Tuesday, March 1, 2011

Newt Gingrich and the Future of Religion in American Politics

3/1/2011—On Sunday, Howard Friedman posted the following note about former House speaker Newt Gingrich’s Presidential campaign on his blog, Religion Clause:

“Today's New York Times reports that as former House speaker Newt Gingrich gears up for a run for the 2012 Republican nomination for President, in his public appearances he is placing a new emphasis on religious faith. The Times says that on the campaign trail, Gingrich will:

‘have to grapple with aspects of his life and career that could give pause to elements of the Republican primary electorate, including a lack of a well-established association with religious conservatives and attendant questions about his two divorces. So as he travels the country, he is striking two related notes: that the nation faces not just a fiscal crisis but also a loss of its moral foundation, and that his conversion to Catholicism two years ago is part of an evolution that has given him a deeper appreciation for the role of faith in public life.’”

The Gingrich phenomenon may alter the unhealthy role that religion has played in American politics. If Gingrich really wants to run a faith oriented, or at least faith friendly campaign, he will have to run on the teachings of the Catholic Church.

While there are plenty of people who object to that kind of mixing of religion and politics, I want to point to a different aspect of how that effort may play out. The Catholic Church is very difficult to place in terms of the usual political divisions in America. The Church is very anti-abortion, of course. The Church is anti-gay marriage, though not as enthusiastically as other religious groups.

On the other hand, on many issues the Church is way left of center, including immigration, capital punishment, social justice both home and abroad, the role of government and the use of military force in foreign affairs. In its questioning of capitalism, the Catholic Church is so radical that there is no equivalent major non-religious voice.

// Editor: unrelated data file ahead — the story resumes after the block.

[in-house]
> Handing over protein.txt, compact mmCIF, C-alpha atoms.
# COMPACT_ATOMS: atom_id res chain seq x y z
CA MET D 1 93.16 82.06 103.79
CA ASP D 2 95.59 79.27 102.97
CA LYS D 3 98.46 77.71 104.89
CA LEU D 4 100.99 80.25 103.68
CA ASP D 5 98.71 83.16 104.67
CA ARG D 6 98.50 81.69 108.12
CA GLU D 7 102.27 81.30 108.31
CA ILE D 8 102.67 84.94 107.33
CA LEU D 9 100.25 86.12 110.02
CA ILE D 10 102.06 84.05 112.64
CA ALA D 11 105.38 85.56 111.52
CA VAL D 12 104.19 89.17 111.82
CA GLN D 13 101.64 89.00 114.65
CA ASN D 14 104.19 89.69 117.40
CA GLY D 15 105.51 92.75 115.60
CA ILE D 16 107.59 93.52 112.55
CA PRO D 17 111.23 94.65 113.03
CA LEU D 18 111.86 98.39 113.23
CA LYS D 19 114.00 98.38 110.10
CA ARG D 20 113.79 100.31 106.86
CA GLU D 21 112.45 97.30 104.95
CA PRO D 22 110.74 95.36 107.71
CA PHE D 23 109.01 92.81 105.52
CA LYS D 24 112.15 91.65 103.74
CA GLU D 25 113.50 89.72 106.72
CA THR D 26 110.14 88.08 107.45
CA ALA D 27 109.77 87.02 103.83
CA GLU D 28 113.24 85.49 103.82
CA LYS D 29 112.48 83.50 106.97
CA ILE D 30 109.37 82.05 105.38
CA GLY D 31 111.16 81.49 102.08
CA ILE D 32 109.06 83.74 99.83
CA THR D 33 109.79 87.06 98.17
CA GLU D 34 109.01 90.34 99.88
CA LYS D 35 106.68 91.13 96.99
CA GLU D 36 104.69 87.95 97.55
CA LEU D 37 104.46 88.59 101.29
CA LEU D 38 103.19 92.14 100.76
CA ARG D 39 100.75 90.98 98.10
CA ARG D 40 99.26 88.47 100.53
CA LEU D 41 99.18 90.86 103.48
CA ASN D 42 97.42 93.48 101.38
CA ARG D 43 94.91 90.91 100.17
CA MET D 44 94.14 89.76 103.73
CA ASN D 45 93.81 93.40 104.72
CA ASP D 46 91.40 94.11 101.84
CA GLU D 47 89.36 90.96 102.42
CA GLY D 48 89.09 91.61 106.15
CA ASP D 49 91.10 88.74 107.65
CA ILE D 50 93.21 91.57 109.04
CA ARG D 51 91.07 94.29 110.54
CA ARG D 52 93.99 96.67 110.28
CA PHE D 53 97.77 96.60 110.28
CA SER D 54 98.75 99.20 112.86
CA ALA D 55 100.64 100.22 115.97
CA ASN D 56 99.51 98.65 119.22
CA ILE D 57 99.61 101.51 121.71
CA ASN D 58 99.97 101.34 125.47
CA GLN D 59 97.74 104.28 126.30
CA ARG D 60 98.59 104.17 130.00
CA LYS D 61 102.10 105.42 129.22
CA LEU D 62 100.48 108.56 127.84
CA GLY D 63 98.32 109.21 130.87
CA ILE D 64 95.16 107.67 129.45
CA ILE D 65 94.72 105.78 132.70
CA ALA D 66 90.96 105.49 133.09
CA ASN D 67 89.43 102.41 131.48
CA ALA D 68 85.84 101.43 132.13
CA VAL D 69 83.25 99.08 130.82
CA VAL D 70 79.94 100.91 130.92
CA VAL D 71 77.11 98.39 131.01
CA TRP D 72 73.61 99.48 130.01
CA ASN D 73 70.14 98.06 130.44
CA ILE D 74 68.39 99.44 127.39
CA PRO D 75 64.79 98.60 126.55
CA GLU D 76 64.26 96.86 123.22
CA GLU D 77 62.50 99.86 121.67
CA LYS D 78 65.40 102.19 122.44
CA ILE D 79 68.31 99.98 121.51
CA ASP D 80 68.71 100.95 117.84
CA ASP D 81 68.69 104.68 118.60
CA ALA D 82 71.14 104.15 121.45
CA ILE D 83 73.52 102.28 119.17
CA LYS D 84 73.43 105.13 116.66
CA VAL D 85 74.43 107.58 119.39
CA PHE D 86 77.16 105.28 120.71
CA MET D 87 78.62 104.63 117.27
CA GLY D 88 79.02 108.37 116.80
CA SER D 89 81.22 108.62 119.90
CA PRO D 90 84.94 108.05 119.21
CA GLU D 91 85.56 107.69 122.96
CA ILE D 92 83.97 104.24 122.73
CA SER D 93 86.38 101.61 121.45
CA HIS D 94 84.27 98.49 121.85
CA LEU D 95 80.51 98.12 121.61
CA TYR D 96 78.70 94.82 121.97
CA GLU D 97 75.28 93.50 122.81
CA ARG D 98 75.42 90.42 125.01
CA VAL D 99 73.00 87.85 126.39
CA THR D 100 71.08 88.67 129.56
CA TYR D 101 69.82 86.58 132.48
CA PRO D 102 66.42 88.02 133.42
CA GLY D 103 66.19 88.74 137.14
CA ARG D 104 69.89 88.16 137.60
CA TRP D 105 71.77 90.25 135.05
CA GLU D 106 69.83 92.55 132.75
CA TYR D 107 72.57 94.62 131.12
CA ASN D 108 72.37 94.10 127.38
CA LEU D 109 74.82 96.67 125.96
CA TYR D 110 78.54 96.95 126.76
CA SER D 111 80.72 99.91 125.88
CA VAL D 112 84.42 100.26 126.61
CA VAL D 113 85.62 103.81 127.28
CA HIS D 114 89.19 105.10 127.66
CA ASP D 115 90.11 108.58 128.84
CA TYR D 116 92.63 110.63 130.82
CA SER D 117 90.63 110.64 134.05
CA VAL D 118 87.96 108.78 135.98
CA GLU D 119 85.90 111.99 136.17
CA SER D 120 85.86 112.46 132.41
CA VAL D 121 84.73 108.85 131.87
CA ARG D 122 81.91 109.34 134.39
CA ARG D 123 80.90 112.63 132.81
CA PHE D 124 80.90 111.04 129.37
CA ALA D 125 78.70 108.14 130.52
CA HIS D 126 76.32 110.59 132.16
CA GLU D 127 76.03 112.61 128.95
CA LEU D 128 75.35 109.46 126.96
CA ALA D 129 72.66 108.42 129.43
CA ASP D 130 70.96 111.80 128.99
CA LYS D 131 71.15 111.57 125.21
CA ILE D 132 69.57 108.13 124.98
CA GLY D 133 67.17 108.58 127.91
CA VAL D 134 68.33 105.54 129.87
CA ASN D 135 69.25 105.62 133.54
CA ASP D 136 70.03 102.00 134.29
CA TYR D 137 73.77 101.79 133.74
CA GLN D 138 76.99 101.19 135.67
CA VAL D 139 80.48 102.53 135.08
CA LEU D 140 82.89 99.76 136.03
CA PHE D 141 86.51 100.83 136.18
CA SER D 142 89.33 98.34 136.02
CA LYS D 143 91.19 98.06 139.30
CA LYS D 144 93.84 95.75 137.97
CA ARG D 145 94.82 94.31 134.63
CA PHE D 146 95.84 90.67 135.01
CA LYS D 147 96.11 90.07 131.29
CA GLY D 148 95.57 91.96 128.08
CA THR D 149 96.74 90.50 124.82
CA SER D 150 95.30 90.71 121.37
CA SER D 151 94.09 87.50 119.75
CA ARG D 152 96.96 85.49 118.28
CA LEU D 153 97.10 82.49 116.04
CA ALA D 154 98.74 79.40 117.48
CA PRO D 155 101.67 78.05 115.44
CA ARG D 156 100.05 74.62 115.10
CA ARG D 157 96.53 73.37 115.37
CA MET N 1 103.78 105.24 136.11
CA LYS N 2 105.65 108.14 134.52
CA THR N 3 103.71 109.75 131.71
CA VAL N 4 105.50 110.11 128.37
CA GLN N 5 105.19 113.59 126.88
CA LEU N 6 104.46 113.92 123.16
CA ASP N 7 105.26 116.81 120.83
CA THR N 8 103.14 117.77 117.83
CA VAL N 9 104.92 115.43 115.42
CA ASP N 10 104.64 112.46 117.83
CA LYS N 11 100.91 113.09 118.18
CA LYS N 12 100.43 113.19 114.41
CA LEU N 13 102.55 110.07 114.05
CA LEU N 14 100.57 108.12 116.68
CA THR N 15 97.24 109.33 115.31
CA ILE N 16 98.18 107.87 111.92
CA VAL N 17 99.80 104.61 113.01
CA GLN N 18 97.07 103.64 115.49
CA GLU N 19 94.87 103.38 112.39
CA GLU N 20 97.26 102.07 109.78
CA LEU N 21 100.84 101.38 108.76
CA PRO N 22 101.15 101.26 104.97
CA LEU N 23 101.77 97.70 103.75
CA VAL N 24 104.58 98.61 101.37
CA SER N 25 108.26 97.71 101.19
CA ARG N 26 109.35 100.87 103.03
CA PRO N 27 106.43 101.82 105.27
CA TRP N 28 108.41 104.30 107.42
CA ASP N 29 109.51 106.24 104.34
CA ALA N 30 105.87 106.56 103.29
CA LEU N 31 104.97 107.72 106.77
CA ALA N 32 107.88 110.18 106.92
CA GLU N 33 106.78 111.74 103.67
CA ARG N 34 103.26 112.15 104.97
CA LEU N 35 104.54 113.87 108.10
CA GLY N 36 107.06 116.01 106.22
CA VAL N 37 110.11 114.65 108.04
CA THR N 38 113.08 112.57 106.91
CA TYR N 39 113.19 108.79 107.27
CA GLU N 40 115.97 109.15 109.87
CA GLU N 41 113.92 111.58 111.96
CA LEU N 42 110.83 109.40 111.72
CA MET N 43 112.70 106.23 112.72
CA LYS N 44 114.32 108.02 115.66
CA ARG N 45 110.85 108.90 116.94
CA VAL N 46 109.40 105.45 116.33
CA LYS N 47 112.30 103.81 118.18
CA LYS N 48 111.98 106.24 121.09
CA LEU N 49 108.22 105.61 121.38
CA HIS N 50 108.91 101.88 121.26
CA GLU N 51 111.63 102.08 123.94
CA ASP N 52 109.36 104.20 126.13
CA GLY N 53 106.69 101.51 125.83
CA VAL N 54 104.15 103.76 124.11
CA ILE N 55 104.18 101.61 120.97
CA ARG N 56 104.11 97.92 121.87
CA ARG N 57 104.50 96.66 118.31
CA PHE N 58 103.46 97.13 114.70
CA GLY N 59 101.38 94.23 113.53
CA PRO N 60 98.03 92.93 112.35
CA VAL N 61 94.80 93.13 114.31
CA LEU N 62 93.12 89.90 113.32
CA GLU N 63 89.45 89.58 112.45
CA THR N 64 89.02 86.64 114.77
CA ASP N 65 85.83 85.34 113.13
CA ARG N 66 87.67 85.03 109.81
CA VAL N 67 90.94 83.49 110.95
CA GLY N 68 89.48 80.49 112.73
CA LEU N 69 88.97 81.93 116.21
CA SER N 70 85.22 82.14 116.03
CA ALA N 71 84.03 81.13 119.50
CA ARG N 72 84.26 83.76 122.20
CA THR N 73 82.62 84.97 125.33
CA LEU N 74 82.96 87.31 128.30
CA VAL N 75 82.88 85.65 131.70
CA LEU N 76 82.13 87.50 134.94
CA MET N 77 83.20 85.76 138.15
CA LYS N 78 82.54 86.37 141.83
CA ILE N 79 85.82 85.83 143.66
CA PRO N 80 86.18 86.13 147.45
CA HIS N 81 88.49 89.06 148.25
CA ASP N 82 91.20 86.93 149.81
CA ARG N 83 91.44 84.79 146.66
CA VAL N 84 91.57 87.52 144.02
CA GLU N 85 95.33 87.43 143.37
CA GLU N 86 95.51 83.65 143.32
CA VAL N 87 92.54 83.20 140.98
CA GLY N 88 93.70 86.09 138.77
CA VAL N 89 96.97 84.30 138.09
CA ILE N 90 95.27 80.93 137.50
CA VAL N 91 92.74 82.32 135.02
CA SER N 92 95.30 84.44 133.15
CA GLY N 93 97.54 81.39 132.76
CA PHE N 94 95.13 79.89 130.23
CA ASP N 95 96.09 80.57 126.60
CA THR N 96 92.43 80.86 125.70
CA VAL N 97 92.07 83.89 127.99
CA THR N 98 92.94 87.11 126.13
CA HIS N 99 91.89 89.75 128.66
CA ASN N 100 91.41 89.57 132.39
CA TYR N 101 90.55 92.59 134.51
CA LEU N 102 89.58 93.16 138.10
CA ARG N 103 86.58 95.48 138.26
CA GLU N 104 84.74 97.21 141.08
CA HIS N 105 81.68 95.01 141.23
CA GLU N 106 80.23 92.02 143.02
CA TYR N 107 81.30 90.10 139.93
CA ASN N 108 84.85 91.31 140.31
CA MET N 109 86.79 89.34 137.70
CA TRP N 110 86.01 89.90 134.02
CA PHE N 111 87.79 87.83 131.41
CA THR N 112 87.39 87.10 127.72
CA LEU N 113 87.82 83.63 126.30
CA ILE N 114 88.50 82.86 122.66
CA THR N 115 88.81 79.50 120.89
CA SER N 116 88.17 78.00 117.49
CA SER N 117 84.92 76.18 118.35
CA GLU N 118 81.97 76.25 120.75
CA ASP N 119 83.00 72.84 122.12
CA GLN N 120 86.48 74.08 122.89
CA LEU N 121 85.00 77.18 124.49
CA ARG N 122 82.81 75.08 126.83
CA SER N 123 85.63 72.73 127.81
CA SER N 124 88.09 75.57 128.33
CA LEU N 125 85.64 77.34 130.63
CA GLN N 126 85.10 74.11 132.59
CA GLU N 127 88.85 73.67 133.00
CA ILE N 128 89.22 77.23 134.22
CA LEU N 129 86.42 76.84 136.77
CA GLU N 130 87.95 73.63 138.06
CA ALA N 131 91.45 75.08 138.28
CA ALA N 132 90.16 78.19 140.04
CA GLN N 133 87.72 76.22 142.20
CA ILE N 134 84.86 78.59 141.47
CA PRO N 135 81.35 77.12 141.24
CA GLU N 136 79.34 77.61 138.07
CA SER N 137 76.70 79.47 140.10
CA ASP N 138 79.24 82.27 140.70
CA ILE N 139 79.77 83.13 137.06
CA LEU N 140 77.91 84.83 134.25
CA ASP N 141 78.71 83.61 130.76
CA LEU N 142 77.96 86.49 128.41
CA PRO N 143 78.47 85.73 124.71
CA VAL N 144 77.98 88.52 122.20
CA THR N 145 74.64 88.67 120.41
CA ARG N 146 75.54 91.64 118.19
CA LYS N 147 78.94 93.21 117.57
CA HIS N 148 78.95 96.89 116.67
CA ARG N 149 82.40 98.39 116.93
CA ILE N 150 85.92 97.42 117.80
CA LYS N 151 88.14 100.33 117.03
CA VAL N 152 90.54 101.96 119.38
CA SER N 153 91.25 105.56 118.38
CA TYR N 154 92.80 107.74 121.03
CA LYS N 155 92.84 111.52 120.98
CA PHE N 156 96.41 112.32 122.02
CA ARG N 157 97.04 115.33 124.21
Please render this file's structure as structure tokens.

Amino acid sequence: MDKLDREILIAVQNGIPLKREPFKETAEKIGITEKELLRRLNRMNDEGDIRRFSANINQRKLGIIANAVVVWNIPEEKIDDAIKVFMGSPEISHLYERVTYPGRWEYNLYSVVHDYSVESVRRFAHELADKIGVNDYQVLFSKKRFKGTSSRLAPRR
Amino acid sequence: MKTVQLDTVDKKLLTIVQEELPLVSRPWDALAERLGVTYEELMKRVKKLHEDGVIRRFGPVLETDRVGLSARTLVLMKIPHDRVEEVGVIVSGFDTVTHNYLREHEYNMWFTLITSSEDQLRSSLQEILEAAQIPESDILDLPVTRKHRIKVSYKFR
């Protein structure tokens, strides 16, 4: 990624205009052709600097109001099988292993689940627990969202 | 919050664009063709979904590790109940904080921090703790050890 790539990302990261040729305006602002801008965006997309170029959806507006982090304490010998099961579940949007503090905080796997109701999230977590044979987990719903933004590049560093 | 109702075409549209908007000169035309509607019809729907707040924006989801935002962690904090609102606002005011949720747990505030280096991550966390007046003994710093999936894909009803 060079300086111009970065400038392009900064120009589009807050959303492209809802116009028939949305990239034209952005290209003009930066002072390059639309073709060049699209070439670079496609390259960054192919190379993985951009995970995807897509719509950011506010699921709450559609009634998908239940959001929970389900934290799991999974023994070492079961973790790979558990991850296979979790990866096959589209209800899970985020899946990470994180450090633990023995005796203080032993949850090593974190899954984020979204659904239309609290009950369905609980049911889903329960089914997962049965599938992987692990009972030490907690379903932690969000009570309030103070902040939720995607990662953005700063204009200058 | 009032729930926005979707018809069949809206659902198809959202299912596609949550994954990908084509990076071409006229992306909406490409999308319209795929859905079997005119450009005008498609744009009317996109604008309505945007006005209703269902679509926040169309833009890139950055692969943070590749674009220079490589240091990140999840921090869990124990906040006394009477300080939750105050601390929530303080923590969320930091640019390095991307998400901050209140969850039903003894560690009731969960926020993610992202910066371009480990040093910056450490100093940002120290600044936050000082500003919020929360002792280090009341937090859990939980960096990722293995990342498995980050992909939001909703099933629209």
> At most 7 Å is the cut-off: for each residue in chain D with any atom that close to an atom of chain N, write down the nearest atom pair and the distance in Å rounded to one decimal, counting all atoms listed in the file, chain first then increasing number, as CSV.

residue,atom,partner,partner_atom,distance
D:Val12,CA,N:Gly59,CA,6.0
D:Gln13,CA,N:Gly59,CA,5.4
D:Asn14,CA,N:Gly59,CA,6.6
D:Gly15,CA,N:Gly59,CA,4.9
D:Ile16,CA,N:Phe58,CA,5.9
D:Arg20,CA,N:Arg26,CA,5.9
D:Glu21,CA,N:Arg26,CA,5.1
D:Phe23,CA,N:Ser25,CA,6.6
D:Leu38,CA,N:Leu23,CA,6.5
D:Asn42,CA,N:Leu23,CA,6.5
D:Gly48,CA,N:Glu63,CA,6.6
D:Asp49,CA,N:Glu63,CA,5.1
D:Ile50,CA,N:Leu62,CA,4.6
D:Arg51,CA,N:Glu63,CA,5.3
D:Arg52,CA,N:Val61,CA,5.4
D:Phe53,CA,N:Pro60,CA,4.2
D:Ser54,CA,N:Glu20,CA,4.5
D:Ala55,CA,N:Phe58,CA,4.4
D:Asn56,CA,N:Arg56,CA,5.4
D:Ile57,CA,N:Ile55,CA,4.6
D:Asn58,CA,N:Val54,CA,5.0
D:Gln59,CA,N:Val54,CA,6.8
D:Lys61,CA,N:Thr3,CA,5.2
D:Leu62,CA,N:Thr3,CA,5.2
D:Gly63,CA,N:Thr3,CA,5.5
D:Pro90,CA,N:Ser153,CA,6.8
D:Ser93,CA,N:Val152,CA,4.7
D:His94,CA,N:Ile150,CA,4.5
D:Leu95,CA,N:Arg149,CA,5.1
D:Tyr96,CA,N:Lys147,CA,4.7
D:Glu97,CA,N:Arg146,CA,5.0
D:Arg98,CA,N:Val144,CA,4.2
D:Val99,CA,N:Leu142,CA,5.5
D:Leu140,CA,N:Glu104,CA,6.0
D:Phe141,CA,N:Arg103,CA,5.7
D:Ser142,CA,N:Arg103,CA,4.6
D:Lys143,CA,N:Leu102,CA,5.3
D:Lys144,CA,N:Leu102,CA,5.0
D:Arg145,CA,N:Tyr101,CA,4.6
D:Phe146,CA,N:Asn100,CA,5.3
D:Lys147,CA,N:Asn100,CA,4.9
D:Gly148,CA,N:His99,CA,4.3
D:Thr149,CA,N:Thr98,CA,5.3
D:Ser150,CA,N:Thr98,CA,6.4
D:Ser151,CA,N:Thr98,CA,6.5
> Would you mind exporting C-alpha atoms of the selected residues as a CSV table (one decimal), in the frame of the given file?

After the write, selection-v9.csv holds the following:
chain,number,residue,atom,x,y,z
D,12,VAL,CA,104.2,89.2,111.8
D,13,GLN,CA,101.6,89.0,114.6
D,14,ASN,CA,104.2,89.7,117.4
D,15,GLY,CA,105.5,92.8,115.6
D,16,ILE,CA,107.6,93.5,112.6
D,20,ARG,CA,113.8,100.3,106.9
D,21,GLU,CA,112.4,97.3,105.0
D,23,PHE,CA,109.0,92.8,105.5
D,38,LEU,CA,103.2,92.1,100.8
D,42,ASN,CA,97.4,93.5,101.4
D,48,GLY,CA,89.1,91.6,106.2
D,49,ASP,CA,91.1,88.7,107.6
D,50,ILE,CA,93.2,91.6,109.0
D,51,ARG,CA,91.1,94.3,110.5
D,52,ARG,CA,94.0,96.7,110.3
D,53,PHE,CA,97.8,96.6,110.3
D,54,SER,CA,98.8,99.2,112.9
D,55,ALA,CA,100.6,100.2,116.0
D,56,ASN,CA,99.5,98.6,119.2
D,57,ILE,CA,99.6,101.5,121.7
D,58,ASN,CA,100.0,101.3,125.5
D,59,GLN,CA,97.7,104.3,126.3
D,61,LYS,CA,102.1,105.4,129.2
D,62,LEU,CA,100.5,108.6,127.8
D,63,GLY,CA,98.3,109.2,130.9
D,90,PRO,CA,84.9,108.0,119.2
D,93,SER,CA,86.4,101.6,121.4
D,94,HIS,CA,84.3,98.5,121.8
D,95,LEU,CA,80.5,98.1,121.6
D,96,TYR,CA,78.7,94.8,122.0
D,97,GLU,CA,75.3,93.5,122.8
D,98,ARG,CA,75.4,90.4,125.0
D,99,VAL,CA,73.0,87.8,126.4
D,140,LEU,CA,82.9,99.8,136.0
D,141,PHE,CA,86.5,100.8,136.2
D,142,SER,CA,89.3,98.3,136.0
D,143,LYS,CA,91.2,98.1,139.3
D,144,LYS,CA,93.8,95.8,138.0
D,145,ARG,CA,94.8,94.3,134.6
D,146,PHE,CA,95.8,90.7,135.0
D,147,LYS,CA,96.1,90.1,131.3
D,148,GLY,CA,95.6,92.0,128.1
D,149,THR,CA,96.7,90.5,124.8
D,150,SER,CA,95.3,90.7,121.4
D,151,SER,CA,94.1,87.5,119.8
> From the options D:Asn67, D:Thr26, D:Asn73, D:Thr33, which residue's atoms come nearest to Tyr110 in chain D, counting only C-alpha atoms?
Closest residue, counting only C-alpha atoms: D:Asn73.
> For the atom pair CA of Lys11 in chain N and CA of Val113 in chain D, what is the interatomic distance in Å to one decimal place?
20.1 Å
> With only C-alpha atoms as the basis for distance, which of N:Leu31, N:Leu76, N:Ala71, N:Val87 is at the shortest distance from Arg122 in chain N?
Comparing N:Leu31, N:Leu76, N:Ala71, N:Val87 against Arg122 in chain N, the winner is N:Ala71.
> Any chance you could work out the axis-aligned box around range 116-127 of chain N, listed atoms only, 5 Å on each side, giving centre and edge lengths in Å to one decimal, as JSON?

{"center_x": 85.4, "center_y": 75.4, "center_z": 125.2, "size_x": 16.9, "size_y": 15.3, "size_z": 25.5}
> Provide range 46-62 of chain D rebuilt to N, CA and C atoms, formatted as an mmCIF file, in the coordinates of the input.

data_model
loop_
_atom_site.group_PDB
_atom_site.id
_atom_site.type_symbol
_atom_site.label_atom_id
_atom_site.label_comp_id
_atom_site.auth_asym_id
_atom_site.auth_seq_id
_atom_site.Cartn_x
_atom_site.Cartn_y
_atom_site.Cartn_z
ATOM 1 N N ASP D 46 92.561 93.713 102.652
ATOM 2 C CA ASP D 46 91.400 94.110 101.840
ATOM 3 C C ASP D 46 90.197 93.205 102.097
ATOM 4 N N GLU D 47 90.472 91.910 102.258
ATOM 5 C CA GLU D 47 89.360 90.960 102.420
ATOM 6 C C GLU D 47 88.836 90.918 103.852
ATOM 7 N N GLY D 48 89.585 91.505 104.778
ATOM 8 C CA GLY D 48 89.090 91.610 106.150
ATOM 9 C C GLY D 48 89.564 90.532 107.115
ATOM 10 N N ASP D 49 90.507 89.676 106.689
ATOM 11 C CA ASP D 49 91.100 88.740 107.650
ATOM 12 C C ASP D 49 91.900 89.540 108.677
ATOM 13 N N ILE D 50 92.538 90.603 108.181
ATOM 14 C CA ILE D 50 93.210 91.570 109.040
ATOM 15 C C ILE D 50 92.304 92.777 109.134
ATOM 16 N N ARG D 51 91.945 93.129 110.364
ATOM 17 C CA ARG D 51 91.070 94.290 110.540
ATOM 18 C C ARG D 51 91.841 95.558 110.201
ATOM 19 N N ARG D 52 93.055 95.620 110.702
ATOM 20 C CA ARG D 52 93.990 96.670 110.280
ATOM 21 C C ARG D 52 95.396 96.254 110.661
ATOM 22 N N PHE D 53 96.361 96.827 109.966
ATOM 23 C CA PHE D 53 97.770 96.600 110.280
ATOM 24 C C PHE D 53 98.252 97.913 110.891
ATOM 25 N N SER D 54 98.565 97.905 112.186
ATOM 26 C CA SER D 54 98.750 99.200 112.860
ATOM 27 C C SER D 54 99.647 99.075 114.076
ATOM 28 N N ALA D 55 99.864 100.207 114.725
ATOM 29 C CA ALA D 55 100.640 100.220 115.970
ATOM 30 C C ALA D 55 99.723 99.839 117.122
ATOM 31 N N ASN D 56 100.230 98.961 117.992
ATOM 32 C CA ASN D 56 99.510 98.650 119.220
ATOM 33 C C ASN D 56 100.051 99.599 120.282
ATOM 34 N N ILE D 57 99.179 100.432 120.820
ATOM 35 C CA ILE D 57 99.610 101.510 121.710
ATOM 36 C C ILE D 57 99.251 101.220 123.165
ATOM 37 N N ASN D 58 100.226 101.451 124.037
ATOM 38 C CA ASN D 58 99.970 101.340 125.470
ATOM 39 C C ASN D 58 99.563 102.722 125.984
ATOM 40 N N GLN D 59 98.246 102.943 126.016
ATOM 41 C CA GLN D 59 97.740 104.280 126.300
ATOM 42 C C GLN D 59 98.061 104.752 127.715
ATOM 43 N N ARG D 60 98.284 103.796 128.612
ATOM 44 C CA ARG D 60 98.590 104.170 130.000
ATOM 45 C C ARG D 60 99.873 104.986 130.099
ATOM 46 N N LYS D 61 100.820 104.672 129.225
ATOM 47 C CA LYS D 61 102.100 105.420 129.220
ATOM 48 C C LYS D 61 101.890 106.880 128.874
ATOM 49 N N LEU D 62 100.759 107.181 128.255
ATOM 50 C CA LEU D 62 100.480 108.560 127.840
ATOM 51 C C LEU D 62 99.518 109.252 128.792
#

Gingrich may try to run away from all this, but Catholic Church teaching is pretty seamless. Having run as a Catholic, Gingrich may be stuck with it, which could change the way Americans think about religion and politics.


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  2. What of the relationship between natural law and statutory law?

    Natural law is the foundation of religious mores and our religious mores are the father of our current legal system. I must then submit, that Gingrich must run under the same platform as the Roman Catholic Church the same way an atheist must run under the banner of Natural law. The point being, the candidates religion is irrelevant. This seems to me that this is the same type of claim made by anti-catholic southern protestants that opposed the Kennedy candidacy, except you are neither anti-catholic or southern protestant. I fear your comments may be misconstrued by anti-catholic alarmist, although I know your position is innocent of such claim.

    I must admit I stumbled upon your blog, so perhaps I'm missing part of the argument, but what is the harm of recognizing our religious "heritage"? To deny our religious origin, is to put our heads in the sand and ignore our Natural law beginnings.